The relationship between insurance companies, medical providers, and patients can be complicated. Even if you have health insurance, getting specialized treatment is not always as simple as being prescribed a procedure or filling a prescription; prior authorization from the insurer may be required for payment, but this is not required for the service itself. In that case, the medical provider theoretically obtains approval from your health insurance company before prescribing a certain medication or performing a procedure.
To help you better understand prior authorization, this article examines how prior authorization works, common health scenarios that require it, and how to request authorization.
How Does Prior Authorization Work?
Prior authorization is when your insurance company, not your doctor or healthcare provider, approves payment for medical service or prescription. Also referred to as pre-approval, pre-authorization, precertification, predetermination, or PA, prior authorization is part of securing care for patients.
Insurers may require or request prior authorization for several reasons. First and foremost, prior authorization helps insurance companies control healthcare costs. It helps insurers determine whether they can cover certain medications, medical services, or medical equipment.
Insurance companies want to ensure that any care you need is medically necessary, recommended for your situation, and makes financial sense. Prior authorization can also prevent service duplication and ensure that any ongoing service is actually helping you.
Policyholders need to know about prior authorization requirements, as care delays can often occur and even result in adverse events for the patient. In a 2021 survey, 24% of physicians surveyed reported that delays from prior authorization led to a patient’s hospitalization.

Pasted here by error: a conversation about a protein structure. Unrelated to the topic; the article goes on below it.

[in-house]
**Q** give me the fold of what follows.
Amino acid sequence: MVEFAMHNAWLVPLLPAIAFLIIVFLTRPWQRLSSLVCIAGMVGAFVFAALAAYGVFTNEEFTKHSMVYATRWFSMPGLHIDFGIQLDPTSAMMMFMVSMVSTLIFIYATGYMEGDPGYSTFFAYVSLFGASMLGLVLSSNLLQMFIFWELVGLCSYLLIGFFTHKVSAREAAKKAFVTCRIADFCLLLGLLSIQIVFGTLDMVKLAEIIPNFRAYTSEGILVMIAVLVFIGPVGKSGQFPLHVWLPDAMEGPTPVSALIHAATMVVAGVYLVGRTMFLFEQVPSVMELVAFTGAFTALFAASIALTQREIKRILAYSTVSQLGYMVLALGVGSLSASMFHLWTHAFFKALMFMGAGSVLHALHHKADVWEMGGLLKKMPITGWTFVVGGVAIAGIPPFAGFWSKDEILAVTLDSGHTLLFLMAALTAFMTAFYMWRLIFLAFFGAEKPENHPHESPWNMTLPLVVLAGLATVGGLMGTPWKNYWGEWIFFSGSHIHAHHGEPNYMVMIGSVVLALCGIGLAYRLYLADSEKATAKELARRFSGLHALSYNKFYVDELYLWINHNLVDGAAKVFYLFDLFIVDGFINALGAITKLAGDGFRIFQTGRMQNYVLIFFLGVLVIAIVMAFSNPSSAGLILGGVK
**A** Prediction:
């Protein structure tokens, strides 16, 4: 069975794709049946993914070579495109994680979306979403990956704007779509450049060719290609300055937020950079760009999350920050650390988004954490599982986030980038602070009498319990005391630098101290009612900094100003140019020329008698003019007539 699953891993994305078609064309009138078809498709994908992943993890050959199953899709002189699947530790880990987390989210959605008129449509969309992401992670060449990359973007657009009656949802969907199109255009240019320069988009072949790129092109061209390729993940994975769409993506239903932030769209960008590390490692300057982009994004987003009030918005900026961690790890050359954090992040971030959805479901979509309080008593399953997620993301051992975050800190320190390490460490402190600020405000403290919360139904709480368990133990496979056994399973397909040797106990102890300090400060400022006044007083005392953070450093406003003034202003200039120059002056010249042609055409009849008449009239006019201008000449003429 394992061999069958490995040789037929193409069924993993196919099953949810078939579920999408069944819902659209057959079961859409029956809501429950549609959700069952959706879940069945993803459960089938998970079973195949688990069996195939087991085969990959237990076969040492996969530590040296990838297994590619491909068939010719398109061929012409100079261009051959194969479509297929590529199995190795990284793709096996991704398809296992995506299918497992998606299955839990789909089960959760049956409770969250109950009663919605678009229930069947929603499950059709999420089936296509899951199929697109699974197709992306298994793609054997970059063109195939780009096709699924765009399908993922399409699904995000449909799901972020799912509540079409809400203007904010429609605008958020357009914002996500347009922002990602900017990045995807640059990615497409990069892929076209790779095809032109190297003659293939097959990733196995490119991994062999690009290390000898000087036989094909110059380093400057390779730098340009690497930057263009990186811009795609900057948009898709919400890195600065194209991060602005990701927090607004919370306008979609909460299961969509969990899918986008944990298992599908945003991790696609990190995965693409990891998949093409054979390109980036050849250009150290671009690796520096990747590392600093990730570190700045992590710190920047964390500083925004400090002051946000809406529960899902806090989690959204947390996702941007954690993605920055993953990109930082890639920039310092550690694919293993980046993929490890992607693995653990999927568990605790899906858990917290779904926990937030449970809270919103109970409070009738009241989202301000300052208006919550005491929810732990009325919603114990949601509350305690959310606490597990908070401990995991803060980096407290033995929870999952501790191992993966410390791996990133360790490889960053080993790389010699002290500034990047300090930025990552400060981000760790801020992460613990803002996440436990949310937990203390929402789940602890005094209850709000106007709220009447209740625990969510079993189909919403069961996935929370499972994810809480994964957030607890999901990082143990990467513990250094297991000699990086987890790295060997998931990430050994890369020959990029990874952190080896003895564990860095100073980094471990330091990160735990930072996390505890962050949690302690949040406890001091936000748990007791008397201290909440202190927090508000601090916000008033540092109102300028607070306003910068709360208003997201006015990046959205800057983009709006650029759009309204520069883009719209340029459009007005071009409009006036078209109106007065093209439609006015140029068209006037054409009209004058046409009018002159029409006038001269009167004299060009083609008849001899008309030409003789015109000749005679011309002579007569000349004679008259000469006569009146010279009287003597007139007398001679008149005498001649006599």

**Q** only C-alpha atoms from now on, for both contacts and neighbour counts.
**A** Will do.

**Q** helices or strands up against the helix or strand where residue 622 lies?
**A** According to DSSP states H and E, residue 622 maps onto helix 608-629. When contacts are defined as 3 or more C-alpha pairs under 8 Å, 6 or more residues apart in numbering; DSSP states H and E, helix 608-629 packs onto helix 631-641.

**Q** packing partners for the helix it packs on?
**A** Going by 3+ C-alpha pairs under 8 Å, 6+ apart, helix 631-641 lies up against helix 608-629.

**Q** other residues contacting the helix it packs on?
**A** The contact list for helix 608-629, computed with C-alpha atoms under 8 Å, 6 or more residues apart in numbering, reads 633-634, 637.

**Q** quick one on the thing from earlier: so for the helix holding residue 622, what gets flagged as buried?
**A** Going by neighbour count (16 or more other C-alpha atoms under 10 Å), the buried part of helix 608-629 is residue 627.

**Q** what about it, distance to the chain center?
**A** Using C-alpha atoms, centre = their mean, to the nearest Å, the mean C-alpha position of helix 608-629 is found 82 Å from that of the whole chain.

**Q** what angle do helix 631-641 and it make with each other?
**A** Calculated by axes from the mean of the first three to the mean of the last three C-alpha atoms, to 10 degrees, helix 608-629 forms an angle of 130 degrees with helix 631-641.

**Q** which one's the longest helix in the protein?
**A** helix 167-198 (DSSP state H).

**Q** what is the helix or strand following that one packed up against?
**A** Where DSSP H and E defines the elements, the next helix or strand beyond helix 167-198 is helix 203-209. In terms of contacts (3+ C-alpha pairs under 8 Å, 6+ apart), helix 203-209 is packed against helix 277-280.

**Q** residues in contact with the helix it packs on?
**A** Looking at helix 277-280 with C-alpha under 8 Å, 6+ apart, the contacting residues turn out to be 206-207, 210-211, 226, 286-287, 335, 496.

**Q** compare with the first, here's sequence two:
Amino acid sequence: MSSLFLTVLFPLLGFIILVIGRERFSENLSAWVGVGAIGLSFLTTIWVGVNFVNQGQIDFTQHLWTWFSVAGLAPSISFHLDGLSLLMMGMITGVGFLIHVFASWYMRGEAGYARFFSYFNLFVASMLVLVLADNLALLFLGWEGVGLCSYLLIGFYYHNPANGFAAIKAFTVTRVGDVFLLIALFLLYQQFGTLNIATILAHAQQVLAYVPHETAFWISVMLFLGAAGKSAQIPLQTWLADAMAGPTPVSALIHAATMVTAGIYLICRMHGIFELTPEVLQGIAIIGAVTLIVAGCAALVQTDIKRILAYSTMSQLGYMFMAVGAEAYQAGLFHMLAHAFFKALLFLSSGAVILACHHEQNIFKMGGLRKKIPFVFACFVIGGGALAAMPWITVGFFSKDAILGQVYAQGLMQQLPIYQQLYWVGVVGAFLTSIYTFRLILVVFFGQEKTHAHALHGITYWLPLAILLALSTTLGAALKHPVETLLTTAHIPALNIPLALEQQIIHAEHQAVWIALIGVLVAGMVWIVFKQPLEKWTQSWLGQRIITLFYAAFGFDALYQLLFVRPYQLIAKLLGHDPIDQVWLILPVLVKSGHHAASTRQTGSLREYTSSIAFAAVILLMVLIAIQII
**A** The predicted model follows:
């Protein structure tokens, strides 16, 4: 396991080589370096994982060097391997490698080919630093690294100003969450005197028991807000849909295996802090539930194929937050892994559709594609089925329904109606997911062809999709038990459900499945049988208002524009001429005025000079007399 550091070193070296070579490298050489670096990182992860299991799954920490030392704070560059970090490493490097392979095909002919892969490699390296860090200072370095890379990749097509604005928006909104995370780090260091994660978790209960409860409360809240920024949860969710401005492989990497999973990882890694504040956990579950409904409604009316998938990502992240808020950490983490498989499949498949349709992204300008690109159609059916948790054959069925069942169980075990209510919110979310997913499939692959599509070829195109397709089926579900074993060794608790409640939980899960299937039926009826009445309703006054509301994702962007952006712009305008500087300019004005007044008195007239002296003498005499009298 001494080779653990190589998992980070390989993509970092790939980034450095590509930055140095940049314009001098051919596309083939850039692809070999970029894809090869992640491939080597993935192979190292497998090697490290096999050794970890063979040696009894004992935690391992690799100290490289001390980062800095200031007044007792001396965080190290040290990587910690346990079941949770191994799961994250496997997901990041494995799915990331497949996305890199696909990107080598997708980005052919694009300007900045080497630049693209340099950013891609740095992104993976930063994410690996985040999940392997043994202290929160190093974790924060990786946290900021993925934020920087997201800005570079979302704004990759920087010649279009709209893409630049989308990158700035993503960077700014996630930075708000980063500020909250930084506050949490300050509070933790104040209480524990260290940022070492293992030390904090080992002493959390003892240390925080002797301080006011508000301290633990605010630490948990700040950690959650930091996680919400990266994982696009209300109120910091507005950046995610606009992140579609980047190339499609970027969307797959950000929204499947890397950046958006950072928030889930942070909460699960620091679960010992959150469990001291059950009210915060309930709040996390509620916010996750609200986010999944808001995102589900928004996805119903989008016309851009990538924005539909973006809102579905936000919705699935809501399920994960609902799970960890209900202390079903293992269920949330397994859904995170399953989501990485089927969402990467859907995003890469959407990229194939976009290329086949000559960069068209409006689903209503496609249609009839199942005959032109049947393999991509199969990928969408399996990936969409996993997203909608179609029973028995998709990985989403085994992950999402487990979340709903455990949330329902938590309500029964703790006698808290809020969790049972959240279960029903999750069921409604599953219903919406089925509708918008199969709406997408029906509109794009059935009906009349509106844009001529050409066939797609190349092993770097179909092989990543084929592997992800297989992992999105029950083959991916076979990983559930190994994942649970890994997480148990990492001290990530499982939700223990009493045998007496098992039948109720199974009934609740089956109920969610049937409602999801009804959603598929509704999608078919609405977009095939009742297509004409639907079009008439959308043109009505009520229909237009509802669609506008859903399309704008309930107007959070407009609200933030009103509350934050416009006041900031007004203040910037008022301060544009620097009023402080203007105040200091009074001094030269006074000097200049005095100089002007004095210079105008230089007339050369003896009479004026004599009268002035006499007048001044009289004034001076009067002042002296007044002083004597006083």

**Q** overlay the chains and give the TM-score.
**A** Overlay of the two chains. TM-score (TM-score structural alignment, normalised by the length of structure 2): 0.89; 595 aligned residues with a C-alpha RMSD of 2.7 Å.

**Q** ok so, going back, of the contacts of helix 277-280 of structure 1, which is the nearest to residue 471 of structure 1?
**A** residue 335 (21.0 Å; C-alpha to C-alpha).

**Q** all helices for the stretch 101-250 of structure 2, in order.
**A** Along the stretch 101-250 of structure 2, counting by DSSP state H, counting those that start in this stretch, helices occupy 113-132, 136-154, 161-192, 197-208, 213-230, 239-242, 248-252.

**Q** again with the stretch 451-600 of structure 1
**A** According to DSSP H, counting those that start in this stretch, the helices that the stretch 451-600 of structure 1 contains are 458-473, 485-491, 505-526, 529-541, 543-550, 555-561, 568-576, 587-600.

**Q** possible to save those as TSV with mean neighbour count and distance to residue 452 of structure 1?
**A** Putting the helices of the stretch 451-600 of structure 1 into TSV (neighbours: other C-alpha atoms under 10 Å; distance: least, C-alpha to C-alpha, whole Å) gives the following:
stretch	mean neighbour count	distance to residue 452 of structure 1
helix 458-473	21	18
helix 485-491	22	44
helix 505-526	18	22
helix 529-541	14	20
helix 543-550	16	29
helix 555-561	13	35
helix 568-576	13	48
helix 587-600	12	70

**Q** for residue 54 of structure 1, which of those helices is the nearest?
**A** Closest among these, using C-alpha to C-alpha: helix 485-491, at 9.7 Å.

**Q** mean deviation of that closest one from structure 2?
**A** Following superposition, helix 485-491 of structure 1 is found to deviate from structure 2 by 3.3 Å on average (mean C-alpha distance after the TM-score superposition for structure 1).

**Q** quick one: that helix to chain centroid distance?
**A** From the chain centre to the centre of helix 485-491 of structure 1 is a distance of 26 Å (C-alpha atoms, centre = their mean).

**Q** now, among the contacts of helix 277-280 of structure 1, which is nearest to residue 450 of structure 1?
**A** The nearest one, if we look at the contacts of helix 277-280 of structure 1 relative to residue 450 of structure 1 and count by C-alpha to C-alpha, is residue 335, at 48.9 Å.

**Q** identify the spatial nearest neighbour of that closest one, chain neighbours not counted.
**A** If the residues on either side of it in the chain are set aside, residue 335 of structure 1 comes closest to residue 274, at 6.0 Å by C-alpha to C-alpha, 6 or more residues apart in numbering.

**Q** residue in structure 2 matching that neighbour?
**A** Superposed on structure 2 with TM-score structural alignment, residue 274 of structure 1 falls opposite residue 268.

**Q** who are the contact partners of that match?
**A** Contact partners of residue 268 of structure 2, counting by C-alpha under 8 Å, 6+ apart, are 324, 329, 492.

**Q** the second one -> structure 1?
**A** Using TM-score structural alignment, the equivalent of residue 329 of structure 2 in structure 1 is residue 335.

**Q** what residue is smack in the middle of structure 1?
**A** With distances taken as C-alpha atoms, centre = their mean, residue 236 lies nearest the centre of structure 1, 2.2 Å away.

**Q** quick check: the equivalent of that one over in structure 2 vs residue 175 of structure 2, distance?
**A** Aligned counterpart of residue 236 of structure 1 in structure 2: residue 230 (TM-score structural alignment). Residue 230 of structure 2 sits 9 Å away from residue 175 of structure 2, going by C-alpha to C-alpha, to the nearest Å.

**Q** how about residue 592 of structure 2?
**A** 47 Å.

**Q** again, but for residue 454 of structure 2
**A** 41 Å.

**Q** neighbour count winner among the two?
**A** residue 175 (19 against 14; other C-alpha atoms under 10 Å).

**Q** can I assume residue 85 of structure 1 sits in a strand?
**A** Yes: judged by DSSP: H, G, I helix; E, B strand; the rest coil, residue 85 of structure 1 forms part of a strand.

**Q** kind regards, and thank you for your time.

Another reason policyholders need to know about medical authorization is how it interacts with coverage. When you get prior authorization, your insurance company agrees to cover all or a part of a medical treatment or a prescription. If the company denies prior authorization, you may have out-of-pocket costs for the service you need.
How Pre-Authorization Works in Medical Emergencies
If you have a medical emergency, prior authorization is not usually needed. A medical emergency occurs when an illness or injury poses an immediate threat to an individual’s life or long-term health and requires immediate care or medication.
While prior authorization is not required in most medical emergencies, coverage for any emergency medical costs is still subject to the terms of your health insurance plan. In some instances, insurance companies may enact the prior authorization process after you receive care of the patient has stabilized.
Common Health Services That Require Pre-Authorization
Pre-authorization applies to various types of services. Knowing how pre-authorization works for each can help you minimize delays in medical treatment.
Each insurance carrier determines which procedures require pre-authorization. Generally, the more expensive and complex a treatment or medication is, the more likely prior authorization is required. For example, invasive procedures typically require prior authorization. Other procedures requiring pre-authorization are diagnostic imaging (PET scans, MRIs, CTs, etc.), inpatient procedures, and home healthcare, such as skilled nursing visits.
Thoroughly review your health insurance documents or call your health insurance company to learn which procedures require prior authorization.
While your doctor may prescribe you a medication, your insurance may still require prior authorization. Your doctor will contact your insurance company to find out if you need prior authorization for a prescription. Your doctor must then complete and submit a formal authorization request. If your doctor has not done so, the pharmacy will inform you that you need prior authorization when you try to pick up or fill your prescription.